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Re: LD-to-LD in Chicago

Postby Tadman » Fri Mar 15, 2019 10:59 am

Because the LD trains are much riskier in timekeeping than corridor trains, I advocate for not guaranteeing same day connection from one LD to another. Connections between LD and corridor are much less risky because inbound corridor trains are more likely to be on time due to the shorter trip and delays are less (it's hard to delay a Detroit train by 12-14 hours...). The reverse is also less risky because if an LD is late inbound, there is a chance of another corridor train given that most Chicago corridors are 3x or 5x.

We've heard a lot of people saying "It would never work" and "you'd lose passengers" but the evidence says otherwise.

1. Via has gained passengers rather than lost them after requesting passengers on 1/2 don't make same-day flights home in Vancouver or Toronto.

2. According to numbers at Wikipedia and sources at Amtrak, there are maybe 500 transfer passengers/day total in Chicago, leading me to believe there are 50-ish LD-to-LD transfers (given the proportion of LD seats and corridor seats into the city every day). Of that, some have the tolerance for the new rule, some wouldn't. Assume half don't, and Amtrak loses them.

Now that there are 25 lost ticket sales, that has to be balanced with the money lost from putting people up at night and feeding them (even spare sleepers on 24 have a cost), and the bad PR from misconnects. How many passengers say "never again" after a misconnect?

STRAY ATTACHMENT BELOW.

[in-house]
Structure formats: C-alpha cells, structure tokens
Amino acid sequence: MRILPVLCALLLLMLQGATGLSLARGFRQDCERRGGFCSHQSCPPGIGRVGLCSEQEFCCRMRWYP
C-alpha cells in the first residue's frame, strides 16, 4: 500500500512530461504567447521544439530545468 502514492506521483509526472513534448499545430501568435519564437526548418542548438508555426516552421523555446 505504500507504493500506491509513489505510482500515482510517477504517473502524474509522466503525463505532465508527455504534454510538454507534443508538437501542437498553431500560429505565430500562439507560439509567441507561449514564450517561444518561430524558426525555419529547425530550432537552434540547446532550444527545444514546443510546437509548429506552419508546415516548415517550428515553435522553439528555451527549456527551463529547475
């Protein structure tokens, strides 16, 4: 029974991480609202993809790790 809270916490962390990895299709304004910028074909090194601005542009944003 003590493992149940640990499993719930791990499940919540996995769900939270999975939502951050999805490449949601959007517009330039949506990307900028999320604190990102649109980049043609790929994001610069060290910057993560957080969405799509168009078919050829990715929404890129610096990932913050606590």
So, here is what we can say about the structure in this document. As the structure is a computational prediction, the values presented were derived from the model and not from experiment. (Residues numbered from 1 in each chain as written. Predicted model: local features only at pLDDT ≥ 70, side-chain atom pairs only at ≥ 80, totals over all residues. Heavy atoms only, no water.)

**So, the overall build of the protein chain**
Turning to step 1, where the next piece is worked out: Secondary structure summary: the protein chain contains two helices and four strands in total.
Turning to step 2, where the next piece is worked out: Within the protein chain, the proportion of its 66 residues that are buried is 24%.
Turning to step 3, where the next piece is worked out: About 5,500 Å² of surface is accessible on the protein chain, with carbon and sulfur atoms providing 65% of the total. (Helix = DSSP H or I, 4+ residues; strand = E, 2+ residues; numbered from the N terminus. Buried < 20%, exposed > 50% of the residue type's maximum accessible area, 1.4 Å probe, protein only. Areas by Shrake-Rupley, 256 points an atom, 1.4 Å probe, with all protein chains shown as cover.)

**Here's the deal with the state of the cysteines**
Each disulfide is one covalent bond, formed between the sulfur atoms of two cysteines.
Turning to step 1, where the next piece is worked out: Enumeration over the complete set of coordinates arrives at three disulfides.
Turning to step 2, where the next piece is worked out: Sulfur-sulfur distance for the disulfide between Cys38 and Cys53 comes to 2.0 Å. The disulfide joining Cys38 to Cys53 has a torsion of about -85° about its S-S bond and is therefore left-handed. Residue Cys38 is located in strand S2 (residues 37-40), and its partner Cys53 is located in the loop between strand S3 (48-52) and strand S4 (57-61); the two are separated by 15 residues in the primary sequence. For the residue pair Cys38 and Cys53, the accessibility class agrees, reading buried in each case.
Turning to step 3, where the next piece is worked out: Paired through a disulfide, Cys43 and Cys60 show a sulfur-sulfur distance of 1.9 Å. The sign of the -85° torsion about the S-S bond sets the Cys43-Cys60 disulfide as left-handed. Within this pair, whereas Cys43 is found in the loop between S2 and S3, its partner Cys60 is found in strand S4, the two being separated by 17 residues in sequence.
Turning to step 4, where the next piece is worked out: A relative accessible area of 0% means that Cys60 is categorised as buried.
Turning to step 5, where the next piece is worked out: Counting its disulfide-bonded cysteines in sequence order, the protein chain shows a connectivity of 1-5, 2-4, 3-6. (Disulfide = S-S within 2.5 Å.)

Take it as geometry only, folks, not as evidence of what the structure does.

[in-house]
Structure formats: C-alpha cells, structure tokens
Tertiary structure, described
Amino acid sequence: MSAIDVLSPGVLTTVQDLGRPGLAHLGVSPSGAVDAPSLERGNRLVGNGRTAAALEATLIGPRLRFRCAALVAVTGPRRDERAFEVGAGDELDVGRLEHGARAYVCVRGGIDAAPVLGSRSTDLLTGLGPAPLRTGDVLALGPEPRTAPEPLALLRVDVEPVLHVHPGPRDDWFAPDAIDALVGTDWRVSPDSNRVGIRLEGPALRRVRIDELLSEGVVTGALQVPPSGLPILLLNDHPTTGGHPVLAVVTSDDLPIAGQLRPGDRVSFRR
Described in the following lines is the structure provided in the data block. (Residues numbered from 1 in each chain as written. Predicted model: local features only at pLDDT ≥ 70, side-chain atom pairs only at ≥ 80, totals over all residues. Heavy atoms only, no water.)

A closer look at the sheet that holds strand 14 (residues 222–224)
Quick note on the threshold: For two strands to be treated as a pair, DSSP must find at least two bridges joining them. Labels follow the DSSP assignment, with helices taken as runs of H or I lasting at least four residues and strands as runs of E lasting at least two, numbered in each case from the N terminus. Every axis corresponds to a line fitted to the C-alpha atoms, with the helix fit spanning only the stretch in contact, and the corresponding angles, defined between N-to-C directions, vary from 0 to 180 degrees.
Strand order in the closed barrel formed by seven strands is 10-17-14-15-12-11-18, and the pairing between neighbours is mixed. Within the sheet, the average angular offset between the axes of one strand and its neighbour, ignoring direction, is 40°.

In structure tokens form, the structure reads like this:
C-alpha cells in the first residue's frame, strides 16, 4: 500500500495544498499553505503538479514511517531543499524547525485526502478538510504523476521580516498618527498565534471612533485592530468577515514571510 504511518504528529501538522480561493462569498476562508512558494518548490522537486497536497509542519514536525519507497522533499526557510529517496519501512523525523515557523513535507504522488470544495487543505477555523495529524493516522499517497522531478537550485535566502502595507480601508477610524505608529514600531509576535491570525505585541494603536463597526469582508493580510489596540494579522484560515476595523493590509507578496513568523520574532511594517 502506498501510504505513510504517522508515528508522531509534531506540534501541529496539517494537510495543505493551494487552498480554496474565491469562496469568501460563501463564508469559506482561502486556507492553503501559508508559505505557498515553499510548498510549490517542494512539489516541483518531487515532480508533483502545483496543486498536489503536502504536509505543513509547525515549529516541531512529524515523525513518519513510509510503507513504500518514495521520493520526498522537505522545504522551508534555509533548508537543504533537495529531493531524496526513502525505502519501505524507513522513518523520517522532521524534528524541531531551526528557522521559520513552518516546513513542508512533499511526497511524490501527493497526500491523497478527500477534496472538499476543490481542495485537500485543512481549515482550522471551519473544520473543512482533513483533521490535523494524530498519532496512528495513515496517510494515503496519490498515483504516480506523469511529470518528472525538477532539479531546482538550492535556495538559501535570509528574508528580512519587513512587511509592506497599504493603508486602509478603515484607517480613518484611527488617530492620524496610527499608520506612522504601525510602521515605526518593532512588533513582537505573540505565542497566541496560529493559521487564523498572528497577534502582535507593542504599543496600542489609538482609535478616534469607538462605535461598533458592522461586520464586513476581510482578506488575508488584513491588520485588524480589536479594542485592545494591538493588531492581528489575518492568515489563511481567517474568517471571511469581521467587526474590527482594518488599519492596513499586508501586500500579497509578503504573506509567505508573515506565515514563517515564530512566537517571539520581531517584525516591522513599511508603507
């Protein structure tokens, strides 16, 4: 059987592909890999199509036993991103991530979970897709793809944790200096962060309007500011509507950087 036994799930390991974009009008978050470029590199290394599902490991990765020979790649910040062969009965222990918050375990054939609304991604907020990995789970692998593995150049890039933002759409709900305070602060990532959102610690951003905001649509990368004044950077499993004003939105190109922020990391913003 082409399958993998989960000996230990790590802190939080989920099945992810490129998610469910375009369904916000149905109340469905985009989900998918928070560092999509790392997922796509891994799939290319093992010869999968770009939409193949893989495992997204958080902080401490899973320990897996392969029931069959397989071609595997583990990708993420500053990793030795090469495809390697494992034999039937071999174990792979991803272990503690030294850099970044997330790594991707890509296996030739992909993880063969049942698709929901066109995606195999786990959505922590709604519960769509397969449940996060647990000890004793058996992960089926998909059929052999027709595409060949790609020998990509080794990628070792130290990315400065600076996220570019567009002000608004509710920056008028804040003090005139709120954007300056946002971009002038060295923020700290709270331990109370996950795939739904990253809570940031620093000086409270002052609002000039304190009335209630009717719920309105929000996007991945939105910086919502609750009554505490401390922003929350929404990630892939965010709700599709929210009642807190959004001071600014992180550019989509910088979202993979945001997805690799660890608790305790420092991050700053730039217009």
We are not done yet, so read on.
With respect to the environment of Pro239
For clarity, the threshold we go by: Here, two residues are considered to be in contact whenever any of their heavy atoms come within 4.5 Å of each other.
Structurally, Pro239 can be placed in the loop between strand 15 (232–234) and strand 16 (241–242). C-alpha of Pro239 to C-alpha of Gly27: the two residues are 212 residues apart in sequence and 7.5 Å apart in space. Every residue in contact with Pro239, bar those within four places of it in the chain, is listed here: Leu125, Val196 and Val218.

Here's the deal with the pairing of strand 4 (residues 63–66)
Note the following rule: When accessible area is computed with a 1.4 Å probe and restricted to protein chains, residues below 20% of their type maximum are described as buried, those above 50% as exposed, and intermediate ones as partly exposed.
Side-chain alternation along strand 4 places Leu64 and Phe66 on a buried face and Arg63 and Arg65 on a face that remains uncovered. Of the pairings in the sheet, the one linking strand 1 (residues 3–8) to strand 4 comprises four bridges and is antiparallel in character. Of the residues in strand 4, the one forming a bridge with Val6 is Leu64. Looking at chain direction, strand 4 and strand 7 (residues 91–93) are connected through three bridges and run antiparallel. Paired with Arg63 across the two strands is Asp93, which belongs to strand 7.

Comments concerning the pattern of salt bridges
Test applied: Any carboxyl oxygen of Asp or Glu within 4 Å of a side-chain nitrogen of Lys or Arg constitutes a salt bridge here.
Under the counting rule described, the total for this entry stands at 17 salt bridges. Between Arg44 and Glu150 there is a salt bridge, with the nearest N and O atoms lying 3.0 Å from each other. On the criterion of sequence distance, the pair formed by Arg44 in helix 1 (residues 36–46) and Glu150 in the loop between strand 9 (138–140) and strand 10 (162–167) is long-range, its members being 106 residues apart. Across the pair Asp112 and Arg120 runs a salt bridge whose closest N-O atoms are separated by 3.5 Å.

That number also has to be balanced with the concept of peak travel. Amtrak has quiet periods in winter and weekdays, and peaks in summer and weekend. Casual use of the ticketing app on the homepage indicates that summer and weekend trains are usually near capacity. What's to say that peak-period 25/day passengers lost wouldn't immediately have their slot bought by more flexible travelers? Given the behavior of passengers, I suspect that there are probably plenty more lined up with cash in hand for peak trips.

For off-peak trips? You can't lose passengers you don't have.

So this is a money saving idea that works well because it fits passenger behavior patterns and railroad operational patterns. Clearly nobody likes it. This is ironic given that this board witnesses a monthly "why don't we have a new LD train from Chicago-New Orleans-Tampa" or "extend the sunset" thread, neither of which have any basis in passenger behavior or railroad operations.

Herewith, I propose a twice-daily 26-car all-sleeper matching lightweight streamliner from Pocatello to Winnipeg via Jacksonville and the Sunset East route powered by the retired Acela power cars when they become available. It will not go through Chicago in order to circumvent any connecting issues.
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Re: LD-to-LD in Chicago

Postby Arborwayfan » Fri Mar 15, 2019 3:10 pm

But sometimes the last corridor train of the day leaves not long after a particular LD train gets in (thinking specifically of the CZ's mid-afternoon scheduled arrival). Sometimes the corridor train is too early to be safe but the LD train that leaves later is usually safe. If your goal is to eliminate situations in which people miss the last available train out of Chicago because their arriving LD is late -- not necessarily an bad idea -- why not look at the actual trains, not general categories? It's not a hard information problem and Amtrak has all the data.